D: Shane Black / 116m
Cast: Russell Crowe, Ryan Gosling, Angourie Rice, Matt Bomer, Margaret Qualley, Yaya DaCosta, Keith David, Beau Knapp, Lois Smith, Murielle Telio, Gil Gerard, Daisy Tahan, Kim Basinger
Amidst all the super-hype surrounding the likes of Batman v Superman: Dawn of Justice and Captain America: Civil War, one movie stood out as a becaon of hope amongst all the spandex and super-destruction on offer in 2016. That movie was… Finding Dory. But after Pixar’s latest, there was another movie that looked like it could rescue the average movie goer from having to endure even more superhero shenanigans. And that movie was… Everybody Wants Some!! And then, after Richard Linklater’s latest, there was yet another movie that had the potential to offer a respite from the Marvel and DC Universes. (Drum roll please.) The Nice Guys!
Audiences needed this movie. Audiences needed it because it promised to be hyper-violent, occasionally crass (perhaps even borderline obscene), blackly funny, unapologetically profane (and profanely unapologetic), a twisted caper, beautifully acted, and fantastically written and directed by its creator, Shane Black. It was the anti-superhero movie that would remind us all that you could have a two-hour movie that didn’t rely on mega-destruction and angsty men in tights. And Shane Black, the genius who wrote Lethal Weapon (1987), The Last Boy Scout (1991), and Kiss Kiss Bang Bang (2005), he would be our saviour.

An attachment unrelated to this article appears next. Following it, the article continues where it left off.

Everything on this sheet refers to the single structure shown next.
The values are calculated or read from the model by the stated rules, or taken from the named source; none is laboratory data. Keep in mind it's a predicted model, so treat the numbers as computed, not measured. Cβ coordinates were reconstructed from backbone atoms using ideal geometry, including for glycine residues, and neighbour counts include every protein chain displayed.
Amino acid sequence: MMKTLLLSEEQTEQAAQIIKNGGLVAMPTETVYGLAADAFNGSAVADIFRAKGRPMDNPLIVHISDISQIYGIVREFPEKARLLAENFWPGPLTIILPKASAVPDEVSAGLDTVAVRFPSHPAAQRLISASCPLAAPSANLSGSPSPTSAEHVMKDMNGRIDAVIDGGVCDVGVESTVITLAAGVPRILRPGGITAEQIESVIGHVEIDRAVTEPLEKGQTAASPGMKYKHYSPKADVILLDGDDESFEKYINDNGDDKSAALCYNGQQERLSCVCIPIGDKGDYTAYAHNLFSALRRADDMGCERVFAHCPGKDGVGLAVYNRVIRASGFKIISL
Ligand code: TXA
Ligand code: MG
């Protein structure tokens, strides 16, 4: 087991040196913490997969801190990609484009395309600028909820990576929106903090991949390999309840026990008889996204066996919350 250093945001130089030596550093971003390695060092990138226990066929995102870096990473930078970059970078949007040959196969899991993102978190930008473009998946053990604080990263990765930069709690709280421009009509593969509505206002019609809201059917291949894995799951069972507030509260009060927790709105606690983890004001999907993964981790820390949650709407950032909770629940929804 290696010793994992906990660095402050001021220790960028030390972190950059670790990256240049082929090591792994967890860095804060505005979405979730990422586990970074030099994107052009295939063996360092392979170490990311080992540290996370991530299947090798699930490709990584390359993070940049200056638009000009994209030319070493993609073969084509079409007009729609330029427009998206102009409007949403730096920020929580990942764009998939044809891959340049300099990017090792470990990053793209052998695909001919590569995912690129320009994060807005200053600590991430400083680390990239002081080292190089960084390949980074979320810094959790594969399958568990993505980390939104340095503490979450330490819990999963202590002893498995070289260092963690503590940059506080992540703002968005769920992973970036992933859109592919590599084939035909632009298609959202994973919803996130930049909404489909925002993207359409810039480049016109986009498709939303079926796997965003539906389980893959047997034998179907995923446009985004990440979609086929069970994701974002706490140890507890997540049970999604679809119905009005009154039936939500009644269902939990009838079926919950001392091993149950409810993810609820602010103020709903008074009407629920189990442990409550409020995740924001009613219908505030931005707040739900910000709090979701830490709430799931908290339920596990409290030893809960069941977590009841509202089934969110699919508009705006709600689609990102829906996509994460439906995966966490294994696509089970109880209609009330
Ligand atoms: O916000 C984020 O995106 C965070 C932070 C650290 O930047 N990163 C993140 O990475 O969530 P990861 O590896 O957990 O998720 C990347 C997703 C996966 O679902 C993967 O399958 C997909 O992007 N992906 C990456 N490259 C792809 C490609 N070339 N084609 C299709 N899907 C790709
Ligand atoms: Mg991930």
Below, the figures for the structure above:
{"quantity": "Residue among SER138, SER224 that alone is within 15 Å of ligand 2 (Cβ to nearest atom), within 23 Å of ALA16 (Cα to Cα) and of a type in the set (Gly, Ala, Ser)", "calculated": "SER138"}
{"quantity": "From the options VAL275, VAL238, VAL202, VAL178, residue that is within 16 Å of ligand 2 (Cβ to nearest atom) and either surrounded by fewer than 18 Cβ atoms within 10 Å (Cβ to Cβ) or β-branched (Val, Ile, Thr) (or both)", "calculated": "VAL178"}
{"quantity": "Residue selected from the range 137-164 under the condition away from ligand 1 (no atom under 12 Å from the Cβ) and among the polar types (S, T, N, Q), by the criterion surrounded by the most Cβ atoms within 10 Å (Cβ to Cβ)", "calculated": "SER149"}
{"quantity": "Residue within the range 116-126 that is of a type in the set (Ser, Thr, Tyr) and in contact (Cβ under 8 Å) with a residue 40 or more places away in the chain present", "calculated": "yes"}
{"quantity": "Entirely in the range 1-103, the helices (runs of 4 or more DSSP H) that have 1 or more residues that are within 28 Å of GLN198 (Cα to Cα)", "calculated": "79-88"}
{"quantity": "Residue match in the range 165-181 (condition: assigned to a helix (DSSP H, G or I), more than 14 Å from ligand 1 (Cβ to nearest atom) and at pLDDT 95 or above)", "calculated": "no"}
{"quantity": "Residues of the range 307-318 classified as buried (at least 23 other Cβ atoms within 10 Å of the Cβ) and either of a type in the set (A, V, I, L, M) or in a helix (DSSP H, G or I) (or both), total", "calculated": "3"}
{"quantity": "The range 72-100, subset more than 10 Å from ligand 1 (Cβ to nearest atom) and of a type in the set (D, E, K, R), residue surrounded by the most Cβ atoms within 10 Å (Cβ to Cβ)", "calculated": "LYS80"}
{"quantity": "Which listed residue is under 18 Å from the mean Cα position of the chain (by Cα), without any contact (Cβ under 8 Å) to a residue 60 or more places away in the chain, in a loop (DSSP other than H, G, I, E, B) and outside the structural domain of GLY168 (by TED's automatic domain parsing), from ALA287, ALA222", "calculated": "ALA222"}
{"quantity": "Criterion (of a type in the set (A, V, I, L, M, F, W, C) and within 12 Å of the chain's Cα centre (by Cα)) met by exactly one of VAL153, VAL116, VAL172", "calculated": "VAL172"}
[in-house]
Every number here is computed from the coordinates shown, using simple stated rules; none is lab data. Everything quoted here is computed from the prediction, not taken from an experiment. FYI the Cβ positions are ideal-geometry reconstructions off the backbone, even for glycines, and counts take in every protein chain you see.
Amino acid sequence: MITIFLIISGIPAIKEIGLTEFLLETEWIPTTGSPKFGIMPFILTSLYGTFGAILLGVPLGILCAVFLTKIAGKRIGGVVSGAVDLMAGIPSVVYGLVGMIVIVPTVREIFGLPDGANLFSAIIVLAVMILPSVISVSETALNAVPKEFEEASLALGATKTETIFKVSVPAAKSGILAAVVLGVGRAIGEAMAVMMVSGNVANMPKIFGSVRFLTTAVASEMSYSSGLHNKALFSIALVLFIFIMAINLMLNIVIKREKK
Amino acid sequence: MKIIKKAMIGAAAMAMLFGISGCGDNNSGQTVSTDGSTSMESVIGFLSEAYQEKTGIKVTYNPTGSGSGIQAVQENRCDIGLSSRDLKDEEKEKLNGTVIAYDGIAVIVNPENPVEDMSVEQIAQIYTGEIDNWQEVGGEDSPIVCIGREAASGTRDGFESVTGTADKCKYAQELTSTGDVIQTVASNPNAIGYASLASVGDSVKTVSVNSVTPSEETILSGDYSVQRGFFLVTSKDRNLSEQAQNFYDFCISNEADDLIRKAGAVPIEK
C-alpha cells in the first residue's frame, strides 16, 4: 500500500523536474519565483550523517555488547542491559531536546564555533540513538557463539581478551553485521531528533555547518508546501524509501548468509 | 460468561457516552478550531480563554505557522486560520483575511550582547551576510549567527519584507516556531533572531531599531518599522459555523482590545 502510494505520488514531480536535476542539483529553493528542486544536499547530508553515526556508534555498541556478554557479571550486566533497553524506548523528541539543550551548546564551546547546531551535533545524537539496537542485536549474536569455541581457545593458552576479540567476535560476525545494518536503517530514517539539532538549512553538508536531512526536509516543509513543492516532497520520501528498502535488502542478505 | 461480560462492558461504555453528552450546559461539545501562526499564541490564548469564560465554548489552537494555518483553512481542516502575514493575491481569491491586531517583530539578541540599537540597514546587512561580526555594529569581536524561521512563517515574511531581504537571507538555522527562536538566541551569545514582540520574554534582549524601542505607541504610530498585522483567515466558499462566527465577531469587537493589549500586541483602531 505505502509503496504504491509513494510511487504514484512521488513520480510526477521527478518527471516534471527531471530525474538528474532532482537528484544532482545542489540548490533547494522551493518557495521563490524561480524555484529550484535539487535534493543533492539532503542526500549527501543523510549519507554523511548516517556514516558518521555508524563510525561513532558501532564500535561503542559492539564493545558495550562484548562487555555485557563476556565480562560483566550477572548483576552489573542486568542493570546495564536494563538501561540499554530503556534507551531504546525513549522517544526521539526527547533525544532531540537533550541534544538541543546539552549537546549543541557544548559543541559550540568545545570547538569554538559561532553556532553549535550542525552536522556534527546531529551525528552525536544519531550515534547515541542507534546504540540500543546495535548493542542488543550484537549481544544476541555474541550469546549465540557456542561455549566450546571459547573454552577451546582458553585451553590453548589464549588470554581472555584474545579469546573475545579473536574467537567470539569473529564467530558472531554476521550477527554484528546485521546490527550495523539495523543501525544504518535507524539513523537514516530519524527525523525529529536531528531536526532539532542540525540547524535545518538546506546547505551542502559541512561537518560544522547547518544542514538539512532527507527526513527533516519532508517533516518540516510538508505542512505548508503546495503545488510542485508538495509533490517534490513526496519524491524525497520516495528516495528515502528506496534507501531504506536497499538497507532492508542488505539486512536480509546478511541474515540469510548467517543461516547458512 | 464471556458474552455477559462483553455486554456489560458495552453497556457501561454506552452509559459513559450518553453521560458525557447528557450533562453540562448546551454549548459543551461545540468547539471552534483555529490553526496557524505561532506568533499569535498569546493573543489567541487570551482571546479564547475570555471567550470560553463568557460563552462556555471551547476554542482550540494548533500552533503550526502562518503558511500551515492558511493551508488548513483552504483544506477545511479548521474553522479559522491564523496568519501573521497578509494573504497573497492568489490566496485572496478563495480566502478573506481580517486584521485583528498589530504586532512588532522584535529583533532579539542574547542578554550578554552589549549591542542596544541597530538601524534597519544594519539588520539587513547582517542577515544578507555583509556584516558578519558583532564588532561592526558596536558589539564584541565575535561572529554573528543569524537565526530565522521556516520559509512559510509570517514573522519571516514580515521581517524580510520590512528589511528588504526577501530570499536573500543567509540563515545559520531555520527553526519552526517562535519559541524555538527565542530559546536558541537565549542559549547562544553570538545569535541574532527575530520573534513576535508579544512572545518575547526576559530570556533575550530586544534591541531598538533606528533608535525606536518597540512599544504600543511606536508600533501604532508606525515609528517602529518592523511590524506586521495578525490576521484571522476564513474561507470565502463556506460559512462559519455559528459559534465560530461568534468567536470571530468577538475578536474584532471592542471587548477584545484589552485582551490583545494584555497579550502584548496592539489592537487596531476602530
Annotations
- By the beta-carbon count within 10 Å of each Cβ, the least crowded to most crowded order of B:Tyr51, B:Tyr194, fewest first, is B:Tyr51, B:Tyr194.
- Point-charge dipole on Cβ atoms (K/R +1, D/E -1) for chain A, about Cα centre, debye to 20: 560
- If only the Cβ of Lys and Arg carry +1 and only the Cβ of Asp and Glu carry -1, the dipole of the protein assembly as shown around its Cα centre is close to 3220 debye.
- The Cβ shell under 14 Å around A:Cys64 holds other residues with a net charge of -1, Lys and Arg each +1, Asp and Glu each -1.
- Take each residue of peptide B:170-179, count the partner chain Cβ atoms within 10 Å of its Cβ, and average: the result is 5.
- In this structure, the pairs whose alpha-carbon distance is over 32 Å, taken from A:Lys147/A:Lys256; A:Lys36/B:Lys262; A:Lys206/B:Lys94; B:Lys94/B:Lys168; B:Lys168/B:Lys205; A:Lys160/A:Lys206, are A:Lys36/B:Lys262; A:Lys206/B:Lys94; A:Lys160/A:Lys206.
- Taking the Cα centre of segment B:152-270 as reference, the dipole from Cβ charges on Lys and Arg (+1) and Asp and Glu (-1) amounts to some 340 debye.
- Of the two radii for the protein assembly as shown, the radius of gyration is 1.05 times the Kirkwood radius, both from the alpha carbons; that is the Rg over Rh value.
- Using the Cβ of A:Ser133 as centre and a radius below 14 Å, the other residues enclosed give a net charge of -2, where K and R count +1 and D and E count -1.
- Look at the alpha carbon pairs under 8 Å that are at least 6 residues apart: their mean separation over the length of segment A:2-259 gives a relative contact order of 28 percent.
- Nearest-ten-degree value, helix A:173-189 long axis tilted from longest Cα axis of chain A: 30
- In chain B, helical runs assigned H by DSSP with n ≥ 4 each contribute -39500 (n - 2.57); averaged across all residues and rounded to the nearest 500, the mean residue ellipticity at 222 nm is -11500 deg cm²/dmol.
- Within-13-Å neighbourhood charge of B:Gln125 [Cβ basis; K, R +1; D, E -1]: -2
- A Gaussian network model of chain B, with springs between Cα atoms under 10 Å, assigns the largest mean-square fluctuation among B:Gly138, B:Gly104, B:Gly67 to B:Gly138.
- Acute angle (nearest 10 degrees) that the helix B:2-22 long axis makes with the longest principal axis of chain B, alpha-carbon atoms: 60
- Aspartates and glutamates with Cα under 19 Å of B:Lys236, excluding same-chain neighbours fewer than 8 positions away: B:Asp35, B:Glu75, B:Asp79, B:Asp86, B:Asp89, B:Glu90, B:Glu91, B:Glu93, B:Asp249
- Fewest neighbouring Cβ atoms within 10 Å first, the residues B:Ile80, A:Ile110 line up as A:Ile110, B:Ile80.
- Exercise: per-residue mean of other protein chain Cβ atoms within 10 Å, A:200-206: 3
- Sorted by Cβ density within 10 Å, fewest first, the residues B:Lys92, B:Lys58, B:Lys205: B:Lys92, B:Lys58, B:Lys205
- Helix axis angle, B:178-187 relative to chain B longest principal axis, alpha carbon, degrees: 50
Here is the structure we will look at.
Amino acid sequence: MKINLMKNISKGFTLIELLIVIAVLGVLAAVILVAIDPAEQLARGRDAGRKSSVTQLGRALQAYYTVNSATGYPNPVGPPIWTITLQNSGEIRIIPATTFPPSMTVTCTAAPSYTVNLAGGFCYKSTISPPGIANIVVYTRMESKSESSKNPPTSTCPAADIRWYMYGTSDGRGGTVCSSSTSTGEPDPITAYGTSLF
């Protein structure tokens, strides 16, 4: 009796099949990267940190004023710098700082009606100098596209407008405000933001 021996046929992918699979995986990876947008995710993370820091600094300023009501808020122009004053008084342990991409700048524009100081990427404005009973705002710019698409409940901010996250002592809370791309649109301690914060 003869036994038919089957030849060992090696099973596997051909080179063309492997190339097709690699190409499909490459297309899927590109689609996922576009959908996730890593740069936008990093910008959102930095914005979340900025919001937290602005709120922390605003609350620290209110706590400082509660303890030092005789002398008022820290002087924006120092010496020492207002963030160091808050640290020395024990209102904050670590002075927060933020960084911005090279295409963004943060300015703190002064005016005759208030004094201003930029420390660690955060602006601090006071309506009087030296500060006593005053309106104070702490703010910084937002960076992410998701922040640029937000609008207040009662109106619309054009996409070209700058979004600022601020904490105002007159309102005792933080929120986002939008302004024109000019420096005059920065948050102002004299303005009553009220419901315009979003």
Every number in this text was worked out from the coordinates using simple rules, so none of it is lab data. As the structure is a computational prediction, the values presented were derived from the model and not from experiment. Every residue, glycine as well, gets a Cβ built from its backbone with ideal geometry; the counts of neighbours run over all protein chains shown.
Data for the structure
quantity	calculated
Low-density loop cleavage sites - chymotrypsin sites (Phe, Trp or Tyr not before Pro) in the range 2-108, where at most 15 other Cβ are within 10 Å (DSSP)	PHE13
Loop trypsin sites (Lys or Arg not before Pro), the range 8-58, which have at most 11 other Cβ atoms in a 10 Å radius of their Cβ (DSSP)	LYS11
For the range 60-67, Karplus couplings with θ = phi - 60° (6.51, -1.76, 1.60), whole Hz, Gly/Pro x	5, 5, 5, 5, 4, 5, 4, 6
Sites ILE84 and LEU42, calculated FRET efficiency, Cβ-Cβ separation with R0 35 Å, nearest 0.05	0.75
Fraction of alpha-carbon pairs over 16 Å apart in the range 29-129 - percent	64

Somewhere along the line, somewhere during the movie’s production, and at some point when someone really should have been paying attention, Black fumbled the ball. Not in a horrible, dying-seconds-of-the-match, the-other-team-scores-and-wins-as-a-result kind of way, but with the story, the movie’s reason for being, the set up if you will. Because the movie has a ton of promise. It has all the ingredients: it’s set in the Seventies, a decade that’s almost over-ripe for satirizing; it co-stars Russell freaking Crowe and Ryan freaking Gosling as two opposing private eyes who work together when they realise their cases are linked; it has action and stunts aplenty; it’s unfalteringly funny, with wisecracks, one-liners and visual gags sprinkled liberally through the script; and it “introduces” Kim Basinger. (Which is interesting/distracting. If you remember, Basinger played a prostitute “cut” to look like Veronica Lake in L.A. Confidential (1994). Here she looks like she’s been “cut” to look like her younger self.)